The red flags for ADHD often parallel the traits young children show just by existing. As you read through the list of telltale signs, you may see characteristics that remind you of your child…
Do not panic.
And do not immediately diagnose him yourself!
Keep in mind, the differences between developmentally appropriate behavior and ADHD lie in how much the behavior is negatively affecting the child’s life and how “over-the-top” it is. Children with ADHD exhibit “typical” behavior on a magnified level, and their lack of focus or impulsive actions are much more pronounced than those of their same-age peers.
When it comes to ADHD, children can be further identified under one of three subtypes: Inattentive, Hyperactive or Combined. Here are characteristics of each:
- Does not pay attention to detail
- Makes careless mistakes
- Cannot stay focused on a task for long
- Doesn’t seem to listen
- Has trouble with following through
- Often does not finish work
- Is disorganized
- Has difficulty keeping track of things
- Is easily distracted
- Is forgetful
- Leaves seat when it is not appropriate
- Runs or climbs excessively
- Has trouble playing quietly
- Is “on the go”
- Talks nonstop
This person exhibits characteristics of both the Hyperactive and the Inattentive subtypes.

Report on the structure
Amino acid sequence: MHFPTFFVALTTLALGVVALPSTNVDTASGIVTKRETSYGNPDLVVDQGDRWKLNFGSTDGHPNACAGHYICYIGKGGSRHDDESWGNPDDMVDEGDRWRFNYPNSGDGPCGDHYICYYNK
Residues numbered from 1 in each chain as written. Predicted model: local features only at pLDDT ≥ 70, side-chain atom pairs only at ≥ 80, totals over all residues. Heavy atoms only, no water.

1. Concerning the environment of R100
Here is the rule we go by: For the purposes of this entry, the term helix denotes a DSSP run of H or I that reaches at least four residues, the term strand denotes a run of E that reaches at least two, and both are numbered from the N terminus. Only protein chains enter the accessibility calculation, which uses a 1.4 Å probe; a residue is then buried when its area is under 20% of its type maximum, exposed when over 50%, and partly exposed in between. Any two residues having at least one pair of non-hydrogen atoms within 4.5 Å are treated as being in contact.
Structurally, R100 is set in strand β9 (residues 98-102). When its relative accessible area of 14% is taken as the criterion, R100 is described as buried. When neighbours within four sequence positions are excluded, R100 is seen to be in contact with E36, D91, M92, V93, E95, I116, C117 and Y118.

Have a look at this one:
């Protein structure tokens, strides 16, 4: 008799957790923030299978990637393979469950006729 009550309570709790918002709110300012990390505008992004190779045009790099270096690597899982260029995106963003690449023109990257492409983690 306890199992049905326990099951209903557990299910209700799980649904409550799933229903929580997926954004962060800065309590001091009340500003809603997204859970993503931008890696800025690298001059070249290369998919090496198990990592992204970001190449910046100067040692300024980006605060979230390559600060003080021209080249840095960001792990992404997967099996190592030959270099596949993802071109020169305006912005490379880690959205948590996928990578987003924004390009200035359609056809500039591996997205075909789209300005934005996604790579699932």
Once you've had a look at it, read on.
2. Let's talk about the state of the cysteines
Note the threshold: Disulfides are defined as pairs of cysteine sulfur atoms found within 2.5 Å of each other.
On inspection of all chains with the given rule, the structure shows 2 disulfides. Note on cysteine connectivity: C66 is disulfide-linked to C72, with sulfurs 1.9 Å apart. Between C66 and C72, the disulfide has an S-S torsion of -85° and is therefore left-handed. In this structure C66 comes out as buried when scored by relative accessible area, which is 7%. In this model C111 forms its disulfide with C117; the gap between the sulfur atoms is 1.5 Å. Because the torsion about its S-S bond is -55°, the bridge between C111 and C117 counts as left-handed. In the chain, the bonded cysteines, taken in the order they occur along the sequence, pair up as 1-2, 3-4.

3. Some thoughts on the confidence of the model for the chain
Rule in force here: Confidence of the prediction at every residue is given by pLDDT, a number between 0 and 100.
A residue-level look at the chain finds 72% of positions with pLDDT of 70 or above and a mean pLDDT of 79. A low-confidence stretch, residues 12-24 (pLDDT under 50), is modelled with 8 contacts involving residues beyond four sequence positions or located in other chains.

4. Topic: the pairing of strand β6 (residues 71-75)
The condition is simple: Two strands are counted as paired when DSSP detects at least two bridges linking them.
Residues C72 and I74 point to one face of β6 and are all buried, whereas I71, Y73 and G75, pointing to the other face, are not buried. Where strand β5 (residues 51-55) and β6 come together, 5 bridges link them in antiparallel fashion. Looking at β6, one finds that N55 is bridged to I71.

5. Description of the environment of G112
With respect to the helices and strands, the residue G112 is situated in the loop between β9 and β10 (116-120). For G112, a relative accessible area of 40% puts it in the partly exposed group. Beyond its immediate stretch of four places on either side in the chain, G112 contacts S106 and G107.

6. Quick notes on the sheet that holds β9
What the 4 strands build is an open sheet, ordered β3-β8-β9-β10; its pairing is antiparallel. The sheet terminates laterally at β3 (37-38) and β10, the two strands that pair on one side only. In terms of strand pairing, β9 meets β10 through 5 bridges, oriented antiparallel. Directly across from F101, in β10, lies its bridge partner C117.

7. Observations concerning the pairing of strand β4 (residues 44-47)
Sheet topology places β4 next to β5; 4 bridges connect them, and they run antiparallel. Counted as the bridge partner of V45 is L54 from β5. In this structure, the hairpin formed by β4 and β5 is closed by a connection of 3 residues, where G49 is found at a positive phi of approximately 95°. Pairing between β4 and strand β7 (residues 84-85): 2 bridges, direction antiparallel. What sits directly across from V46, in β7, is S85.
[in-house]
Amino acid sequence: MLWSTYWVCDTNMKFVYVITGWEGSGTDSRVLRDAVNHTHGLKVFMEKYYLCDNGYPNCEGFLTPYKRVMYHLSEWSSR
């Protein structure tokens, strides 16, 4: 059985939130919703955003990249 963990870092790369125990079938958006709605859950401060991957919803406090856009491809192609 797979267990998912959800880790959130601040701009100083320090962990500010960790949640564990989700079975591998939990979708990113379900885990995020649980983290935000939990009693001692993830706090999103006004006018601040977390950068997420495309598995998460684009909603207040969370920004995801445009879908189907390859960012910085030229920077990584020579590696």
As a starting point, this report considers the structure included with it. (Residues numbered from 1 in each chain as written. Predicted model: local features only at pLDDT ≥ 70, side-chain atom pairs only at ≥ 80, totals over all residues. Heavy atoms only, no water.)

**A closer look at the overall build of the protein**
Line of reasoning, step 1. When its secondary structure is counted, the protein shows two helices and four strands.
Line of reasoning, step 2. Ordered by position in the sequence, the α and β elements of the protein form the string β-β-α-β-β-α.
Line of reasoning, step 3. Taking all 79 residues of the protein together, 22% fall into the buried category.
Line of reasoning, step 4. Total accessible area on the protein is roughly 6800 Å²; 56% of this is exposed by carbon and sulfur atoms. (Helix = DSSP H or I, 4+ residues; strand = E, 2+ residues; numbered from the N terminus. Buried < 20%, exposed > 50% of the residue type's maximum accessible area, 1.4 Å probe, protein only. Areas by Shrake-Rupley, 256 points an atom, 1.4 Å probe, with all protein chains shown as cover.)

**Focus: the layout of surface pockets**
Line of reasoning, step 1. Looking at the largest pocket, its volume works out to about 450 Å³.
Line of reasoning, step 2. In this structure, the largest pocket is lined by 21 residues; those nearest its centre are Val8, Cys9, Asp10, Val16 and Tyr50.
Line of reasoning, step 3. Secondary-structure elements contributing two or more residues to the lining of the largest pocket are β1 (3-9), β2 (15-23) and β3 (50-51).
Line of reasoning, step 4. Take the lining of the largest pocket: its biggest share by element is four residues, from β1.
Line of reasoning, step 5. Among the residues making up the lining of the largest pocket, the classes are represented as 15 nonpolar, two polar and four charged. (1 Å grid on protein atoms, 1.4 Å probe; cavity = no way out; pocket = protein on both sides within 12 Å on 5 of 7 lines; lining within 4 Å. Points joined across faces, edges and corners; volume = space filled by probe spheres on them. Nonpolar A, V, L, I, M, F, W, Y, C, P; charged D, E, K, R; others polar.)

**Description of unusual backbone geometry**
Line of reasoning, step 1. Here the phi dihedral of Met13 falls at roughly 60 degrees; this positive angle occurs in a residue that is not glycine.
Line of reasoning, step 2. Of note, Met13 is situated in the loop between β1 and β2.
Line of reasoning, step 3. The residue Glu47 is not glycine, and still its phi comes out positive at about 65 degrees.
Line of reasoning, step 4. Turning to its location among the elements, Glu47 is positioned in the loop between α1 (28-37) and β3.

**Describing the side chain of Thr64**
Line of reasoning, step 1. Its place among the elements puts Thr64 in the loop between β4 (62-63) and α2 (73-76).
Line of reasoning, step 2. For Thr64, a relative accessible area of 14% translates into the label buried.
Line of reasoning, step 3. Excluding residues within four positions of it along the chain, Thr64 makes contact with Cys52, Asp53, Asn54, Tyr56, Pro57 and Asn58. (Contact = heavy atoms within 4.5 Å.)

We all exhibit these characteristics from time to time.
And it is perfectly natural that our children do these things, as they are growing and maturing in their abilities.
The difference between a “typical” child and a child who likely has ADHD is that these characteristics are extreme and causing problems in the child’s life, such as getting him in trouble in school or alienating his peers on a regular basis.
The problematic traits are also present in more than one place, like at home, school, sports practices and other places/activities.
As a learning specialist, I think of children as falling into three categories — Always, Never, Sometimes — when I consider their attention abilities and self-control:
- Always : Children who are pretty focused and attentive, and therefore are chugging along just fine
- Never : Children who obviously have trouble with focusing, tuning out distractions, staying organized, controlling themselves
- Sometimes : Children who have trouble with attention-related abilities periodically, to some negative consequences. These are the children who are complicated as to whether or not they “have” ADHD. Regardless of a diagnosis, these children benefit from support around organization, managing behavior, monitoring focus, taking ownership of their learning and advocating for their needs.
In the face of so much concern—and media buzz—around ADHD, it can be difficult to determine if we have an objective view of our children and whether we are supporting them in the best ways. If you have concerns about your child’s self-control, focus and/or attention, seek guidance from a psychologist or psychiatrist who specializes in ADHD. (In other words, bypass your pediatrician, no matter how much you love him/her!) Screening, diagnosing and treating ADHD is complex and best handled by someone who has a laser-focused practice and a wealth of experience in working with this condition.